Mukilteo Music

What is the right age to start piano lessons?


(She might be a bit young)


This depends a great deal on your musical goals, availability to help your child practice, and the maturity of your child. Younger children will need to have a parent with them during practice sessions to help them with proper technique, notes and rhythm. (You don't have to have any musical background to do this: see below for further discussion). 

Children need to be able to concentrate for 10-15 minutes at a time, although activities can be more game-based and varied for preschool age. Older children may be more independent and progress at a quicker rate. A good rule of thumb is first grade, but research also shows the benefits of starting earlier. I am comfortable giving private lessons to children as young as four years of age.

Even if you feel your child isn't ready for private lessons, early musical exposure can give your child a wonderful foundation! Starting when they are babies, you can sing, do finger plays and rhymes, dance with them in your arms, bounce and sway. As they become toddlers and preschoolers, help them keep time to their favorite songs with a pot and a spoon. March, sway, listen to children's CDs and learn the songs together. Turn on the classical music radio station while you drive.This will expose your child to the concepts of steady rhythm, pitch, aural awareness, and musical expression that will prepare them for future study.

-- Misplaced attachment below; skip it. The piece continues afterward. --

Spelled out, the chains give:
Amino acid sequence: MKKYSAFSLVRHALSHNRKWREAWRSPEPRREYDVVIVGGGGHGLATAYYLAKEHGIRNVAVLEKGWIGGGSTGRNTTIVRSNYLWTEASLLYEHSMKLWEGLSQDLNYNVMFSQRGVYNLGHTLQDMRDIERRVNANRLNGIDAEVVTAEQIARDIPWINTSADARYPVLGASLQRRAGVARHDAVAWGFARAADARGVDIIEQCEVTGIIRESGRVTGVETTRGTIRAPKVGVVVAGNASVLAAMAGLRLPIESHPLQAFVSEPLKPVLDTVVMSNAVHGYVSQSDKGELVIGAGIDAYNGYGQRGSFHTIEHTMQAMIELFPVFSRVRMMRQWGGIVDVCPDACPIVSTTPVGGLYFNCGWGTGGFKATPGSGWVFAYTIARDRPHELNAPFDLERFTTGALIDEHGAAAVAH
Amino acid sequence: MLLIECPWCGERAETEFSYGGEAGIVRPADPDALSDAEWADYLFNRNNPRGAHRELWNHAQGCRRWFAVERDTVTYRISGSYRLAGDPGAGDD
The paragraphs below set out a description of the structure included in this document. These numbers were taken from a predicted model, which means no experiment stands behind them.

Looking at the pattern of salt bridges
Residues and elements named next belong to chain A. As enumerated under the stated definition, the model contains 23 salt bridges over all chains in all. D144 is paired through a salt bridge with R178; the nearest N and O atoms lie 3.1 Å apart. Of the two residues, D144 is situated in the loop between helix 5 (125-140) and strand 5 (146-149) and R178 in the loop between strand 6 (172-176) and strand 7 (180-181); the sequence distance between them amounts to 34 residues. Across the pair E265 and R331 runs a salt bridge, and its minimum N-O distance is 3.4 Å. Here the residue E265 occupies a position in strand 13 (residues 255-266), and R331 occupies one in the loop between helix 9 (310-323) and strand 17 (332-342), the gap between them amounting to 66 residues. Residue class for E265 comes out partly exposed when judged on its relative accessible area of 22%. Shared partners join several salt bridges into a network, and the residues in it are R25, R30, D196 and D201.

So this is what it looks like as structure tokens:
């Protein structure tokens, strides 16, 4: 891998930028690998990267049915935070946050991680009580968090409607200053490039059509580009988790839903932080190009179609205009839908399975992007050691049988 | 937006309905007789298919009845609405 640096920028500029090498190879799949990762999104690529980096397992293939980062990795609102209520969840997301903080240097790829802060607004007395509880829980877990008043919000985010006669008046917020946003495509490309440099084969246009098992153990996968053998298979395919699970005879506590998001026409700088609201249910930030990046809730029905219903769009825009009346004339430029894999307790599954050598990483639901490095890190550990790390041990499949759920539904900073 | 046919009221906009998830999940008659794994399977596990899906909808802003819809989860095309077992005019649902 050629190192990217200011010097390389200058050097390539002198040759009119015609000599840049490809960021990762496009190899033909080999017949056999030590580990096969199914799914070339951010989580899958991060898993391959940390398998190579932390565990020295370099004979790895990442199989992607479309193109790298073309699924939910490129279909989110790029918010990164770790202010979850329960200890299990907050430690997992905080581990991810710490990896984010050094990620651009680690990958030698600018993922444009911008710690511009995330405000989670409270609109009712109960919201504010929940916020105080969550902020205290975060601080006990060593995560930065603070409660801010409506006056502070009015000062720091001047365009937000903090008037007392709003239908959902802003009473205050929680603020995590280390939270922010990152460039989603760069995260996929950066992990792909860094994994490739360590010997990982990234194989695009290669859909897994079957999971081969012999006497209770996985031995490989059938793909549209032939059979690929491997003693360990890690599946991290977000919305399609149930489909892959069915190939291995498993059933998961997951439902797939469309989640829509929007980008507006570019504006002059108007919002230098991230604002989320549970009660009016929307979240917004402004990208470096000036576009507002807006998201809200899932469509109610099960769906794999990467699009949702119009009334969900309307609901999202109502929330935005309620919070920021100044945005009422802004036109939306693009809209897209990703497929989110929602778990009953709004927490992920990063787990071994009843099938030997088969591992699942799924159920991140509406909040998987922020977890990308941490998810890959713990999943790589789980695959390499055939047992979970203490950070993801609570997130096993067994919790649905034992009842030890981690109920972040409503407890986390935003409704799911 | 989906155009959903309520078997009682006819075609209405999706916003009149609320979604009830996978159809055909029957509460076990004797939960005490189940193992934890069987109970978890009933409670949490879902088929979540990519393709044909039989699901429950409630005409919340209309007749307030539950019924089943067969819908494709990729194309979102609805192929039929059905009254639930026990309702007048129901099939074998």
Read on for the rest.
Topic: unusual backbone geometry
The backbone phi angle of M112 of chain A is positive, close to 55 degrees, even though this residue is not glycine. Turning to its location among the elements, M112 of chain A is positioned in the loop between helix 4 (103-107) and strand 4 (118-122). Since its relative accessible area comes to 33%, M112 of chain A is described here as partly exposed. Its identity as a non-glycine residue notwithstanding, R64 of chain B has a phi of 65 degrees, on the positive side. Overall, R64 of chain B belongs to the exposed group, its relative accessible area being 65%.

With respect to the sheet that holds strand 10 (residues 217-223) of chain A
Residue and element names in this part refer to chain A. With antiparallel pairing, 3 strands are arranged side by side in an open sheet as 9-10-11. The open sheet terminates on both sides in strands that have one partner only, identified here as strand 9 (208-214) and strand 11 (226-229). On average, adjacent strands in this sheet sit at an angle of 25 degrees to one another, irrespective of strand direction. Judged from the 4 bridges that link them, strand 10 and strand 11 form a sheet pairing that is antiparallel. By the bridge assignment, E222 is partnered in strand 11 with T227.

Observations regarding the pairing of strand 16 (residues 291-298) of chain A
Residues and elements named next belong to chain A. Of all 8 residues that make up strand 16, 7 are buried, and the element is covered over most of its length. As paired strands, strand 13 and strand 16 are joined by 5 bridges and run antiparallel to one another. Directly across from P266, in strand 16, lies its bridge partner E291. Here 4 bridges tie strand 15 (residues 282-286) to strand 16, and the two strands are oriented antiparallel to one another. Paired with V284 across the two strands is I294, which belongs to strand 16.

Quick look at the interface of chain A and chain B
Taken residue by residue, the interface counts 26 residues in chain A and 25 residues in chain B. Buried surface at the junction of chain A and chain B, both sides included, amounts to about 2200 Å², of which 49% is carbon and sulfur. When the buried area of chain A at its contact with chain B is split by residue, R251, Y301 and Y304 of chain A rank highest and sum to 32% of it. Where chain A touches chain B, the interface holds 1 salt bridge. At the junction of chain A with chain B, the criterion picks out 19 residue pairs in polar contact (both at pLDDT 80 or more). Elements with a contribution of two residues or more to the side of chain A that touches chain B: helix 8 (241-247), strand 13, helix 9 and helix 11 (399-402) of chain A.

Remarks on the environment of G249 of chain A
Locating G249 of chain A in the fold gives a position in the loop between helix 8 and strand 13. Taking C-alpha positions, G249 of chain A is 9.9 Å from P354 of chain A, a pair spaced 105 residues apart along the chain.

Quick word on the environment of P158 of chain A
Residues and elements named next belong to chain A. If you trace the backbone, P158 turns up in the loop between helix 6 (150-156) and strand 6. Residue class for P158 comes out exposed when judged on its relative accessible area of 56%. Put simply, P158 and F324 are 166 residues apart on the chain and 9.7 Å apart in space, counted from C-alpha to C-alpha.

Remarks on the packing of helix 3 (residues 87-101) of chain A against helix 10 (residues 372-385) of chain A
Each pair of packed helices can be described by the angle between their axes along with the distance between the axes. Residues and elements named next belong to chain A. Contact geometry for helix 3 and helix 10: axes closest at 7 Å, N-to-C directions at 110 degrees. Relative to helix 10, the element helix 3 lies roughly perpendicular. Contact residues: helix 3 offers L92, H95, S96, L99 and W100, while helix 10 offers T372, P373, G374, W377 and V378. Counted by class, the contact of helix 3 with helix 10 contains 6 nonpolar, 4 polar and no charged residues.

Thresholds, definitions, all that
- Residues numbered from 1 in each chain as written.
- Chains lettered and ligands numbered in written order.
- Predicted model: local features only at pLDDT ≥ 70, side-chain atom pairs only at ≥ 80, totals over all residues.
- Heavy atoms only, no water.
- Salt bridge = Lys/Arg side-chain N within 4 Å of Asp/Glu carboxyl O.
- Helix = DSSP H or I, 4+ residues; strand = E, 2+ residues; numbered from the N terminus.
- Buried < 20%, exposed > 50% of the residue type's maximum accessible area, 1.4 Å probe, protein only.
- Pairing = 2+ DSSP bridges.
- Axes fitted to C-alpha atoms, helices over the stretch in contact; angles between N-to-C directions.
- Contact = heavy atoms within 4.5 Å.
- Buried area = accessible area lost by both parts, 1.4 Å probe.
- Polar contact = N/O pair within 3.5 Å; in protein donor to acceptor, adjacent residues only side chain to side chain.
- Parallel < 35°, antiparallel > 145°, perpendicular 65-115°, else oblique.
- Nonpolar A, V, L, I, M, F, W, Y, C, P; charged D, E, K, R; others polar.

Our "Kiddy Keys" and "Carnival of the Animals" classes are a great way to build a musical foundation whether or not you decide to pursue formal music training in the future.  

How can I help my child if I don't have any musical background?

A musical background is not necessary to be an effective coach for your child! I have incorporated many of the principles of the Suzuki method, that I have learned through watching my daughters take violin and cello lessons with Suzuki teachers and observing Suzuki piano teachers. In the Suzuki method, parents learn right alongside their child. They are taught how to coach their children's practice sessions. For young children, you can help them with their posture, technique, notes and rhythm, as you learn along with them. For older children, you can monitor to help them practice consistently, meet their practice goals, and complete written assignments. You can also help them complete listening assignments daily. As they listen to their pieces, they will learn how to self-correct and play expressively.

Why don't you offer thirty minute lessons?  
 
When I taught 30 minute lessons, I was frustrated by my inability to spend the time necessary to work on all of the components of a well-rounded musical education. I have found that longer lessons allow for a more comprehensive curriculum which includes technique, repertoire, note-reading, rhythm, improvisation, ear training, and sight reading. For younger children we spend time off of the bench learning musical concepts through movements and games.